Life was a little crazier in Berlin, where the western sectors were pretty much an island of freedom entirely landlocked by East Germany. One of our friends there, who is a member of a rowing club, recalled an acquaintance who paddled too far from the shore of the river on the border between West Berlin and Russian-controlled Potsdam and was fatally shot.

The economic disparity between the two Berlins became increasingly evident over the years – including new construction that was changing the skyline of the Western side.

In the latter years of the division, Western culture was also having an impact. A photographic history of the Reichstag, which houses the German legislature, includes a 1988 Michael Jackson concert staged outside the building on the western side of the wall. It prompted increased security on the eastern side to keep crowds away. A month later, Bruce Springsteen was allowed to perform in East Berlin and his concert attracted a crowd estimated at 160,000.

When the wall figuratively came down the night of Nov. 9, 1989, and as border checkpoints across the country soon followed suit, people from the East stepped, danced, climbed and drove across to joyous greetings from their neighbors of the West. Formal reunification took nearly a year, but the physical, economic and social rebuilding of much of East Germany – and particularly the former East Berlin – continues.

Touring remains of the wall, traveling through the modern developments and restored historical buildings of the former West Berlin and seeing new construction as well as many starkly unimproved areas in the East, were a fascinating part of a monthlong trip through Germany in September.

But I remain haunted by Lankow, a ghost town whose existence in northern Germany is remembered by a sign erected along a country lane by Maja’s uncles – and by an official memorial stone placed later in what had been the village center. There’s also a display board with a map of the village, and pictures of houses with names of the families that had lived in them. The area is now a nature preserve.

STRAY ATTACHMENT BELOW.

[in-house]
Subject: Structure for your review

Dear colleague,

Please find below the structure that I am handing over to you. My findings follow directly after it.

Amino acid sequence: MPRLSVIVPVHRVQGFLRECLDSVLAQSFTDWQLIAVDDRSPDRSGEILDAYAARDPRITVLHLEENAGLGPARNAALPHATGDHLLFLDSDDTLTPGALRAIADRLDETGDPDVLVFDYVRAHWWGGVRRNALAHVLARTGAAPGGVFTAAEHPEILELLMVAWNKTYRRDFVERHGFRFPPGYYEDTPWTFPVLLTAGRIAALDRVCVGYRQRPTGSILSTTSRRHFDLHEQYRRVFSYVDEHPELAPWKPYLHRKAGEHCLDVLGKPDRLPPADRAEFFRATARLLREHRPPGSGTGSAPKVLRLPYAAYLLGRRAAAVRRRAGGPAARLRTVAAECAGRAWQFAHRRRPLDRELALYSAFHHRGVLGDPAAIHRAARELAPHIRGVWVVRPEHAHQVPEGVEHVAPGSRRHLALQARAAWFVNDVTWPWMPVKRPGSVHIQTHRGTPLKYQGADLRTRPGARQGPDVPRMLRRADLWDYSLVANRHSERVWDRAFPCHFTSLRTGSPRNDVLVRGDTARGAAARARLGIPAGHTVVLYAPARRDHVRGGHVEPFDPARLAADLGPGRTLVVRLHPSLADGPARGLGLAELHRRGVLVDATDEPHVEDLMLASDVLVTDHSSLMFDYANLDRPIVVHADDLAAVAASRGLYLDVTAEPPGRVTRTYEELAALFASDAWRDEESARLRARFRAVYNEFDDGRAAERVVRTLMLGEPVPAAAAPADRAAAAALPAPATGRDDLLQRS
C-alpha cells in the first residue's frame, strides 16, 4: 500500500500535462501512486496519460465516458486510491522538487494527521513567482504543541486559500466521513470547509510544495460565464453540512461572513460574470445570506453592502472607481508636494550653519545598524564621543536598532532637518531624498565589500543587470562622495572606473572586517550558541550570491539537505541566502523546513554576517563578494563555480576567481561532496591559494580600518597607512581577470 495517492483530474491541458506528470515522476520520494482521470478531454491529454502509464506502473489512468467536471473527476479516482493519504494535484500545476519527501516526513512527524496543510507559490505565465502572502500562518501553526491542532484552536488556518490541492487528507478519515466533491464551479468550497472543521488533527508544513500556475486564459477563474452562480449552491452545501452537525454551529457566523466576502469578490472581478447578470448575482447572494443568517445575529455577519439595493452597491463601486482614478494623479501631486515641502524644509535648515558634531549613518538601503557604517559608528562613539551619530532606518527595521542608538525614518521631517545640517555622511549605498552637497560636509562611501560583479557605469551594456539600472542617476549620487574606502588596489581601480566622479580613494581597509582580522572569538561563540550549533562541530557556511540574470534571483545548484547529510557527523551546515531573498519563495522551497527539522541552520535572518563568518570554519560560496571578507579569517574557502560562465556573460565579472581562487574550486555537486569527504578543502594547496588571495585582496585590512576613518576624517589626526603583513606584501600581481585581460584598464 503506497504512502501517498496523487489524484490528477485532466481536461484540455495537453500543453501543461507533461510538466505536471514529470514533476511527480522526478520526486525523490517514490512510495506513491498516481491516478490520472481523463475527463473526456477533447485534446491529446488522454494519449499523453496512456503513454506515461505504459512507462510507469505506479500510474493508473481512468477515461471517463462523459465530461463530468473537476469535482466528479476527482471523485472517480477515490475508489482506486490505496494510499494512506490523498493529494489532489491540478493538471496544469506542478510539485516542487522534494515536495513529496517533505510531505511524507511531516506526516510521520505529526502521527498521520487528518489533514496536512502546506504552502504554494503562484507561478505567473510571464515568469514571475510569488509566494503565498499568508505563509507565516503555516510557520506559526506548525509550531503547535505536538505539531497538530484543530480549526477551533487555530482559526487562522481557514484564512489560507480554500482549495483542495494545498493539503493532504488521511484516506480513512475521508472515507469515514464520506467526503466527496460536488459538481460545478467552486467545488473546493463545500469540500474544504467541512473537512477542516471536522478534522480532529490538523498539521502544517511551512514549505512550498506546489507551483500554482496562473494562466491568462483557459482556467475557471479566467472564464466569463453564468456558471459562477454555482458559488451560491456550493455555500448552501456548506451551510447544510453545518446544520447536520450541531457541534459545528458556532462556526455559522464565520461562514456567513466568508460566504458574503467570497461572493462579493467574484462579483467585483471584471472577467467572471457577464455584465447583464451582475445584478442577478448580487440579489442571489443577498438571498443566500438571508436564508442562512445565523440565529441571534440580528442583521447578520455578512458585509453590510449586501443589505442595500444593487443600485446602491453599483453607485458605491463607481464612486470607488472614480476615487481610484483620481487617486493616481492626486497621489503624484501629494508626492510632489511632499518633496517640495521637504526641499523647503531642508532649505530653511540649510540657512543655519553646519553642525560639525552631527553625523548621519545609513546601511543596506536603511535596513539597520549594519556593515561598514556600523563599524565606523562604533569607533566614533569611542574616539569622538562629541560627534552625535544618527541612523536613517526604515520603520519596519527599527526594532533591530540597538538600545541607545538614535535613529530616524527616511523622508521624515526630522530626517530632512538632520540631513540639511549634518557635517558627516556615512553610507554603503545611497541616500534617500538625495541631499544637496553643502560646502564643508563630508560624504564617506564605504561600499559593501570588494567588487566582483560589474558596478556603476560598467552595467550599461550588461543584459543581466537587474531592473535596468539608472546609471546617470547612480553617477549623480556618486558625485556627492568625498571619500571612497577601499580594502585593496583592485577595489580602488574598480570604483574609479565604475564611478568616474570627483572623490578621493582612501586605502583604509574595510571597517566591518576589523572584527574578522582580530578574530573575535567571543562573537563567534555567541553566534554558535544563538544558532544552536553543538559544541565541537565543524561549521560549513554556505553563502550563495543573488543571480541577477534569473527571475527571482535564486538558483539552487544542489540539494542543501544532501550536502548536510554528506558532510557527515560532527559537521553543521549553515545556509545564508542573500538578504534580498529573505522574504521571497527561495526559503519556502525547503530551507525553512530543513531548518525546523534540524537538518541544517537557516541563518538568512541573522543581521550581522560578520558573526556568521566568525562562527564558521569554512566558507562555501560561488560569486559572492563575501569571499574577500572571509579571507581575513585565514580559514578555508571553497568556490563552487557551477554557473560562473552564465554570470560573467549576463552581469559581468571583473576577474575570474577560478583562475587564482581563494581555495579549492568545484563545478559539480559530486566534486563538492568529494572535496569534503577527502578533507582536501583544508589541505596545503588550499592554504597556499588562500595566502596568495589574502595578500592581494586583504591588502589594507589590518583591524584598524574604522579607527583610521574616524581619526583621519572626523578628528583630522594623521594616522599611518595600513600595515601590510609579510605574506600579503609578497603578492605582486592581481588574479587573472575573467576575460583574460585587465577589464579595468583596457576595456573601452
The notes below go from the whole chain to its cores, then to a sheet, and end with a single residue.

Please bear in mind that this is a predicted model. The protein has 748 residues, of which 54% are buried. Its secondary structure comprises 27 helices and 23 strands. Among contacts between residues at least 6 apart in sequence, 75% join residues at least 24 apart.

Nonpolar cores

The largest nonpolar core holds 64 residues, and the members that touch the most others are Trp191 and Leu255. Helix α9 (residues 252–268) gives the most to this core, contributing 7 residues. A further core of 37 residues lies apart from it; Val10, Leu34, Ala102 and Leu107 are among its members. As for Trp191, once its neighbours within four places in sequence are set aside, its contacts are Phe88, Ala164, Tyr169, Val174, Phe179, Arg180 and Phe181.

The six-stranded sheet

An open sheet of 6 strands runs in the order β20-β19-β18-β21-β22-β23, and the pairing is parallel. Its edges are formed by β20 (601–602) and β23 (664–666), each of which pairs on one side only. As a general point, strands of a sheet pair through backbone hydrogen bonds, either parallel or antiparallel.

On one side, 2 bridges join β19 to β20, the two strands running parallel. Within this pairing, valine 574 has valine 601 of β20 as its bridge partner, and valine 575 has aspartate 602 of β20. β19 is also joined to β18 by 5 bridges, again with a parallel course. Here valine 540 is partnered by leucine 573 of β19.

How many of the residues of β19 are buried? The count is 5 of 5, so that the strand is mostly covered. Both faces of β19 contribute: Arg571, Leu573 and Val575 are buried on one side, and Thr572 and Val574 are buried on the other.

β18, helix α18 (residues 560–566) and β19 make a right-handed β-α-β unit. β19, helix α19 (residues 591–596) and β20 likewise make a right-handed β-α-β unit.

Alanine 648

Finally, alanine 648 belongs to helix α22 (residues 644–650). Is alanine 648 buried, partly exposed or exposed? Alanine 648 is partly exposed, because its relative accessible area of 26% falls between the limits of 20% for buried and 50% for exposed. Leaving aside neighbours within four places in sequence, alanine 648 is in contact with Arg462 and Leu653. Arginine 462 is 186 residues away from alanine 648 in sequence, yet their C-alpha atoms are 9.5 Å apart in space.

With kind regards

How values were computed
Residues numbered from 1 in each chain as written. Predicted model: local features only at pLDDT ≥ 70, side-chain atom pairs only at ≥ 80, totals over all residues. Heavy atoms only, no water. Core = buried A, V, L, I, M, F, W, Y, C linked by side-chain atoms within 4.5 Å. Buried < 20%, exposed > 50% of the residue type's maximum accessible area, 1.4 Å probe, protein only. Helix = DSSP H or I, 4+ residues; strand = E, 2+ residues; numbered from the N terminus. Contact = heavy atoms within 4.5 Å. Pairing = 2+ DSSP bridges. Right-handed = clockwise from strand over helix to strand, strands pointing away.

Maja, holding Stella next to the memorial stone.
We visited Lankow as an ideal place for my wife Bonnie to photograph Maja, her American husband Jeremy and their toddler daughter Stella, late one afternoon. And we walked around, exploring remnants of homesteads bulldozed by the Russians – bricks and stones from walls, a chunk of metal from an old stove, bits of broken porcelain. Down the hill, near the river, Maja tells us, there’s rusty farm equipment. But it was not a place we could easily reach without heavier clothing, boots, and maybe a weed-whacker to clear a path.

I picked a few wild apples and pears from trees that had outlived the town.

Sheep were grazing in a nearby field.

It’s a very peaceful place, this village on the wrong side of history, and worth remembering.


Jeremy Tygielski said...

Nice story David.

EBreen said...

David, do you have any pictures of the town before it was torn down. My relatives were from there. Thanks Eileen

David Ettlin said...
This comment has been removed by the author.
David Ettlin said...

Eileen: We have no stand-alone photos of Lankow before it was demolished, but my wife's Journeys blog entry on our visit shows some of the old photos mounted on a display board at the site. Here's the link (and thanks for visiting my/our blog/blogs):

jaybol said...

This is a fascinating post. I haven't been able to definitively trace my origins to this town, but it is really interesting to learn more about this town that we unfortunately cannot visit. I found this photo which you might like to add to the post ( - see the bottom two photos)